At 3:00 a.m. on Saturday, Roosevelt arrived at Aiden Lair and the final relay began. The last 16 miles covered the roughest part of the country so far. There was a misty rain which made the road very slippery and the night "perfectly black." The driver had been put on notice to be ready to leave at anytime since Friday at noon. While waiting in the early morning hours of Sat. Sept. 14, he received a telephone call from Loeb who told him that President McKinley had died in Buffalo at 2:15 a.m. He decided not to tell Roosevelt, feeling that it was not really his place to relay such an important message and further, he did not want to add to his anxiety.

And this short account from Doris Ursitti in the Fall 1991 issue of "The Columns:"

The climbers on Mount Marcy were fifty miles from the end of the railroad and ten miles from the nearest telephone at the lower club-house. They hurried forward on foot, following the trail to the nearest cottage; where a runner arrived with a message, “Come at once.” Further messages awaited them at the lower club-house. President McKinley was dying, and Roosevelt must lose no time. His secretary, William Loeb, telephoned from North Creek, the end of the railroad, that he had had a locomotive there for hours with full steam up. So Roosevelt and the driver of his buckboard dashed on through the night, over the uncertain mountain road, dangerous even by daylight, at breakneck speed. Dawn was breaking when they came to North Creek. There, Loeb told him that President McKinley was dead

The story of Loeb's role in picking Roosevelt's successor comes from An Address by William J. vanden Heuvel On the occasion of the 100th anniversary of Theodore Roosevelt’s becoming President of the United States:

As 1908 began, there was no front-runner for the Republican nomination to succeed TR. The conservative leaders in Congress suspected and were fearful that TR would create “a crisis” to justify his re-nomination, setting aside his written pledge not to run. In January 1908 William Loeb, TR’s private secretary, interrupted the President’s breakfast on an early January morning to discuss the upcoming convention. Loeb argued that TR could only sustain the credibility of his promise not to run by endorsing a candidate. Loeb told TR that any nominee could win—naming William Howard Taft, Elihu Root, Charles Evans Hughes and George Cortelyou (the Secretary of the Treasury)—if only TR would back him. In response, TR said that he would favor Elihu Root and authorized Loeb at that moment to go to see Root and make the offer of his endorsement. Root, then Secretary of State, was astonished by Loeb’s message but without hesitation asked him to assure the President of his gratitude but also of his inability to accept because he judged himself to be unelectable. Loeb interrupted the President’s schedule that same day to report on his meeting. TR accepted Root’s decision. He then told Loeb that his choice was William Howard Taft, saying that he had the experience to run the government. Taft could hardly believe his good fortune.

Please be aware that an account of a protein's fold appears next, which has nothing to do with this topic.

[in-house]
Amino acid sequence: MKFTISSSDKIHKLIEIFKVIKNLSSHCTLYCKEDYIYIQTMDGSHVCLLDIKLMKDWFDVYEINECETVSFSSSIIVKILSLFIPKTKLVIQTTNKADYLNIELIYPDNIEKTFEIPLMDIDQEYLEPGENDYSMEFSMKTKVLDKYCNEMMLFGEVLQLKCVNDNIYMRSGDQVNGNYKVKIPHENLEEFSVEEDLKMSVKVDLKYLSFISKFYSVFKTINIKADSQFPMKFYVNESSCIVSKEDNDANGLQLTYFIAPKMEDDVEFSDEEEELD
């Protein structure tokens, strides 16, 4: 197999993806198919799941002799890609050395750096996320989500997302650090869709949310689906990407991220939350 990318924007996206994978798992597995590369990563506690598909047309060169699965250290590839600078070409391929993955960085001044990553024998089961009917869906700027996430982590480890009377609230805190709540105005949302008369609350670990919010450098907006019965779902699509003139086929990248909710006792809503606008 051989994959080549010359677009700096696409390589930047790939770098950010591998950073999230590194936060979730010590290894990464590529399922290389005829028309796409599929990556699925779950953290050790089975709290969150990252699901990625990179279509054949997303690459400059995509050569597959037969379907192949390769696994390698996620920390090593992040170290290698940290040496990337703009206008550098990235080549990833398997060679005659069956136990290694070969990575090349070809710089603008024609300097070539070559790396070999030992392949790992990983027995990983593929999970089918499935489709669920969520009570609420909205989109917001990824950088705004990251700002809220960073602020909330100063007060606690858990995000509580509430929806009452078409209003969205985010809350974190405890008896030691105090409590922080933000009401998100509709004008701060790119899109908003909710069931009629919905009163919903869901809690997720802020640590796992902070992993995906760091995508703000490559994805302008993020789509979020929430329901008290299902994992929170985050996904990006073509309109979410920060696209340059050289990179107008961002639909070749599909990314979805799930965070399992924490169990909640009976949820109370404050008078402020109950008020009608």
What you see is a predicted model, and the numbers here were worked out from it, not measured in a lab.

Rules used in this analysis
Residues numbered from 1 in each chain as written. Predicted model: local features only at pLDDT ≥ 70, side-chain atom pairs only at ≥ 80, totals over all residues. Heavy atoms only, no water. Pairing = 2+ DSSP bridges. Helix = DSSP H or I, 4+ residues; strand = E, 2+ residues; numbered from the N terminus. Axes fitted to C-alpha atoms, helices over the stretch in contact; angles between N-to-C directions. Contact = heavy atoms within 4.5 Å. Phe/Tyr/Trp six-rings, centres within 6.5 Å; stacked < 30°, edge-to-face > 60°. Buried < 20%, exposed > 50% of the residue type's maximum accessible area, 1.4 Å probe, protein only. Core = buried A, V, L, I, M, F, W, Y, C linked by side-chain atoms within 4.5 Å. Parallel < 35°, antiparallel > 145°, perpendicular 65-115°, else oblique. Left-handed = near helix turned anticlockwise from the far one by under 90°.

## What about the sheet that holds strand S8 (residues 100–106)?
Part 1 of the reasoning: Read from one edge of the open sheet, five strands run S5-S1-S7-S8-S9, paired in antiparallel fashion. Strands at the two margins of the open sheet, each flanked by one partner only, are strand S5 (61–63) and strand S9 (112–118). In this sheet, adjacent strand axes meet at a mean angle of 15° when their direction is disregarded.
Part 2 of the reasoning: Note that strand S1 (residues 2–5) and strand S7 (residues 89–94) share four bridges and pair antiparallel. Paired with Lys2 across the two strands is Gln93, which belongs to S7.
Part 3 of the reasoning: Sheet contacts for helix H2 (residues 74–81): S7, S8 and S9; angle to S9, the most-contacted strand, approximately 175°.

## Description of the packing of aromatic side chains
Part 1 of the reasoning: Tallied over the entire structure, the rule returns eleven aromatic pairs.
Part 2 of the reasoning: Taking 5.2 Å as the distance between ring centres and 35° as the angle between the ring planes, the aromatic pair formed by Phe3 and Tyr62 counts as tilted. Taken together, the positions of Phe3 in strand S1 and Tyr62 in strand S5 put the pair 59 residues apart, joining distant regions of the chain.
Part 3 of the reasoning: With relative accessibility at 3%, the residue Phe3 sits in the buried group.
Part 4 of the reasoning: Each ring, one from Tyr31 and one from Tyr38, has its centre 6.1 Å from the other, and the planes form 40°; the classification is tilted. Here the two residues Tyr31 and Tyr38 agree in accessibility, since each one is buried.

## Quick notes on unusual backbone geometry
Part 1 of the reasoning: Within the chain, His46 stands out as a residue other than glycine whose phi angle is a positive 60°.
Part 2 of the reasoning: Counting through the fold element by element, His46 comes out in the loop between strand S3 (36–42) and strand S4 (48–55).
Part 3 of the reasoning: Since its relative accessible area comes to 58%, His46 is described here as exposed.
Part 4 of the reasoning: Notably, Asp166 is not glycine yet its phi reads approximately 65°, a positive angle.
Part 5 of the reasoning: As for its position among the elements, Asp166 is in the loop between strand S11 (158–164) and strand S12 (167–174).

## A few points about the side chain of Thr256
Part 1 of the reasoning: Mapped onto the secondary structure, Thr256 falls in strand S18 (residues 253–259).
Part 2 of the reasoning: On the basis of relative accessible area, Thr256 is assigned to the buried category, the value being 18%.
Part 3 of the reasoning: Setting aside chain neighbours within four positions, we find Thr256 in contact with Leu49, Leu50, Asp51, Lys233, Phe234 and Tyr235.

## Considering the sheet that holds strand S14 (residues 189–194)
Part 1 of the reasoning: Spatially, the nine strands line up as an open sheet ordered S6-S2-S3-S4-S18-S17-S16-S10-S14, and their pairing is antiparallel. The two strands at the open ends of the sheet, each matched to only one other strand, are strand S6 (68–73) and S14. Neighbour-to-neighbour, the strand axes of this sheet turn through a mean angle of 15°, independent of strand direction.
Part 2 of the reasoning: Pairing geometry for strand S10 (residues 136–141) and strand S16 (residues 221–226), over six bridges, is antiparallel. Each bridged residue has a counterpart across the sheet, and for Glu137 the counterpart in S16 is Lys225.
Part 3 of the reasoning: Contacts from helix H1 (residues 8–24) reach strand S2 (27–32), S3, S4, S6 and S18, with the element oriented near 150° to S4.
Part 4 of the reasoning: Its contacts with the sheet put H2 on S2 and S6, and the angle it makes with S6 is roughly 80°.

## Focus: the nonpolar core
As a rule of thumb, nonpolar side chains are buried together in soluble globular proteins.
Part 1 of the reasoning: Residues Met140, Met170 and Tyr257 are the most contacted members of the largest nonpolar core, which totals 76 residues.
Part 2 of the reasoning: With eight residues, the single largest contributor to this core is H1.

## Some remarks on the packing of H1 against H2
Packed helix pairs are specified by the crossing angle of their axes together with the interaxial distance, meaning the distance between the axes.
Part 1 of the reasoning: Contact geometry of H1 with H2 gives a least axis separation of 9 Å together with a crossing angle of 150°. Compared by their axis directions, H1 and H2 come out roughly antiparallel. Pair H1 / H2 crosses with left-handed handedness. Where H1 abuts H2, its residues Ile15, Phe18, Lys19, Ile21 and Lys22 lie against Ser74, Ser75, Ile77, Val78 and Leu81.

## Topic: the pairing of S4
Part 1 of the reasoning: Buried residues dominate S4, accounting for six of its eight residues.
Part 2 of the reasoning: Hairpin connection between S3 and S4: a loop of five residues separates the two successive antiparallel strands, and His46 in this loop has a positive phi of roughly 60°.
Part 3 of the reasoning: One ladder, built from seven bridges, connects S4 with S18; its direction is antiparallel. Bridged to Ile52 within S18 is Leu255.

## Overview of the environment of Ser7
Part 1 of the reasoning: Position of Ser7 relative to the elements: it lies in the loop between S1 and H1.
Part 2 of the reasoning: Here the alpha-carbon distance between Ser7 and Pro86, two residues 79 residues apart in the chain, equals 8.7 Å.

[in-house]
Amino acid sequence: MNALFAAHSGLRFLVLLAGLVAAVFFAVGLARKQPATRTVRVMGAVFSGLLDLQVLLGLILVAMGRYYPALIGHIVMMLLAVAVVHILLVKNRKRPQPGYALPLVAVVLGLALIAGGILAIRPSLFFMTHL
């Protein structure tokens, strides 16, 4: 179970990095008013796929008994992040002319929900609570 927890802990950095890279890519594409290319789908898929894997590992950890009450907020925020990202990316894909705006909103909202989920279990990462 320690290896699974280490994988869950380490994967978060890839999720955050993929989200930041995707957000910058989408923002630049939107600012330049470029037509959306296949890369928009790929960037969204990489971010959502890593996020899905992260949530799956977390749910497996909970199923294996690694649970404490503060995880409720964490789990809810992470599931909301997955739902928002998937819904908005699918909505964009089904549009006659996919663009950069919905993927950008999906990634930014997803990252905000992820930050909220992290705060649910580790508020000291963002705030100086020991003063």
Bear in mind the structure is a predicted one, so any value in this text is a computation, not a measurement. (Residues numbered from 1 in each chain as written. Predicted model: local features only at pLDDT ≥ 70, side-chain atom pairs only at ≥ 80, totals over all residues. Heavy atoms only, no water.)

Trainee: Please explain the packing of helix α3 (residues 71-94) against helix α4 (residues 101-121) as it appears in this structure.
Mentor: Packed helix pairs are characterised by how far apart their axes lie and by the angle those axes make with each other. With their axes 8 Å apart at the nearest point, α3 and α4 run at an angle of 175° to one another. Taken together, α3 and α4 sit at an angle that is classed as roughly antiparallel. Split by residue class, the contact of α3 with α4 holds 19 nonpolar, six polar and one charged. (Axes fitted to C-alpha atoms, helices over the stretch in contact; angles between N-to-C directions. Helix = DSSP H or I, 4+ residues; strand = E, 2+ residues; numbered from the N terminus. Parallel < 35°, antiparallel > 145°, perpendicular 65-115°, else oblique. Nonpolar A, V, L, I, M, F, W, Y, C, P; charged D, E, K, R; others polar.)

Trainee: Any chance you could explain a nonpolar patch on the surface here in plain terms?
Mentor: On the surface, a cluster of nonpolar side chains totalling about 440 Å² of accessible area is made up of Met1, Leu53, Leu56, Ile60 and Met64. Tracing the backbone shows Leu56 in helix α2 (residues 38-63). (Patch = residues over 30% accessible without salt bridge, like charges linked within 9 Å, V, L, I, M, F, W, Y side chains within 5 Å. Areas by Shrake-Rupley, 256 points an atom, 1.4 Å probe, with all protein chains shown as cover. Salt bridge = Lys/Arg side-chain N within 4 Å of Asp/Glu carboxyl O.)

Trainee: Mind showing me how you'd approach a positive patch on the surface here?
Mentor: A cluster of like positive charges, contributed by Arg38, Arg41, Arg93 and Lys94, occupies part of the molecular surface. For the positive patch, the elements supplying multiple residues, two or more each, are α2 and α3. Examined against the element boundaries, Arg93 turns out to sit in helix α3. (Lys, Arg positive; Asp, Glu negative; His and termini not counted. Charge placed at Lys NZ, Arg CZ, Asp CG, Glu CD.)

Mayor Ed Beall, who the TR letter is addressed to, would later be a delegate to the 1908 Republican National Convention which nominated Roosevelt's preferred successor, William Howard Taft, to succeed him as President.

The type and signature are a tad light, but perfectly readable. The 7 x 9 inch letter reads as follows:

The White House,

                                                    January 4, 1906

My dear Mr. Mayor:

Those are first-class stork puzzle cards. Do you

know that Mr. Loeb has been in the stork business him-  

self and is now the happy father of a boy!

                         Sincerely yours,

                      Theodore Roosevelt

Ho. Ed. Beall,
Mayor, Alton, Illinois

Also included is "The White House" envelope shown above postmarked Washington, D.C., JAN 4, 2:30PM, 1906 which is enclosed in a plastic sleeve on the back of the framed autograph.

The total package has been framed together as shown below with a brief explanatory note.

This framed White House letter from Theodore Roosevelt has a lot going for it, with its humorous tone and its reference to his secretary and close advisor William Loeb and the birth of his son, the famous publisher of the Manchester Union Leader. The letter provides wonderful associations to President Roosevelt's history and the history of Presidential and Republican politics through the 1980s.

Price: $800